MONROVIA – Lawyers representing the legal interest of former Chief Justice, Gloria Musu Scott have rejected current attempts by the Government of Liberia to deliver Charloe Musu’s body for burial.
Scott’s lawyers’ refusal is based on more than four months after the conduct of the government-ordered autopsy on Charloe Musu followed by unproductive calls by the family for government to hand over the remains of Charloe for a befitting funeral.
It can be recalled, the government of Liberia on Tuesday, July 4, 2023, reached out to one of Justice Scott’s lawyers, seeking to convince the family to take delivery of the remains for burial, but showed no interest in the government’s initial attempt to hand over the body and exclusion of the late Charloe Musu’s guardian, Justice Gloria Musu Scott, who is currently languishing in prison.
The government, again, on July 19, 2023, through Deputy Commissioner of Police for CSD, CID & Interpol, Col. Prince Mulbah, wrote Cllr. Augustine Fayiah, a member of Justice Scott’s legal team, requested him to take delivery of the body on behalf of the family for funeral arrangements and burial, but the latest request has also been denied by Cllr. Fayiah.
Col. Mulbah’s letter reads: “With compliments and in reference to the attached communication dated June 29, 2023, from the office of the Coroner, Montserrado County, stating the completion of post-mortem examination/observation, coupled with autopsy conducted on the remains of the late Charloe Musu, we concurred with said office that the body be released to the bereaved family for funeral arrangement and interment.”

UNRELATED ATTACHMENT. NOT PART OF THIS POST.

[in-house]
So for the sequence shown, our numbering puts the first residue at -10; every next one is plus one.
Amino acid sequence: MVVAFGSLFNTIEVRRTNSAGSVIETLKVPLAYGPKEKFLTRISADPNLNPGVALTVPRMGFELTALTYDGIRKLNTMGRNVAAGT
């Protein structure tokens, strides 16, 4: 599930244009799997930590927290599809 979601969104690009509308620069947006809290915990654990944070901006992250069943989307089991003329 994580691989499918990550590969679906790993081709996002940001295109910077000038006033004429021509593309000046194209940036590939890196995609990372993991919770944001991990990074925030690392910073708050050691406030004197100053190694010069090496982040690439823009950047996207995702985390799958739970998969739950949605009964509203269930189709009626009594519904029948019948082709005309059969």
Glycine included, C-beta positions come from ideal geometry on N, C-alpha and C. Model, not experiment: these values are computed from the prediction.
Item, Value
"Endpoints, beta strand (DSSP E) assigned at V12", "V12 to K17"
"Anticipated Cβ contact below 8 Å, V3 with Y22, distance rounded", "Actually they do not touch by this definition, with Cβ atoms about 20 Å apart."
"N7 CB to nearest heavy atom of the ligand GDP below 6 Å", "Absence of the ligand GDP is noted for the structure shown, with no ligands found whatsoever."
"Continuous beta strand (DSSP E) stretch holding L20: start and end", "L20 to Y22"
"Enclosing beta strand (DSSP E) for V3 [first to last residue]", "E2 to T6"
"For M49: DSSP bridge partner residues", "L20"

Deputy Inspector General Mulbah-103 said his letter to Cllr. Fayiah was triggered by a June 29, 2023 communication from the Coroner of Montserrado County, Abraham B. Ricks, stating the completion of post-mortem (physical examination) and the completion of the autopsy on the body of the late Charloe Musu, thus the need to deliver the body to the family for burial.
In his reply to Inspector Mulbah, dated July 20, 2023, Cllr. Fayiah declined the government’s request on the grounds that he’s only a lawyer for Cllr. Scott and the other three suspects, and not a member of the Musu or Scott family, and therefore cannot take delivery of the body as requested.
Cllr. Fayiah’s reply/response reads: “Kindly be informed that my role as one of the counsels for Cllr. Gloria M. Musu Scott, former Chief Justice of the Honorable Supreme Court of Liberia, and her family do not extend to assuming the role of taking the body of the late Charloe Musu.”
Amid this latest drama, the spokesperson for the Musu family, Mr. Nathaniel Toe said the current attempts by the government to hand over the remains to, in his words, “just anybody for the sake of turning it over,” confirms the suspicion Justice Scott and other family members had prior to their arrest and incarceration, that there were efforts and plans by powerful political people “to sow the seed of discord in the Musu and Scott families” by excluding Justice Scott from any funeral activities of the late Charloe, while at the same time accusing her of being the murderer along with other family members.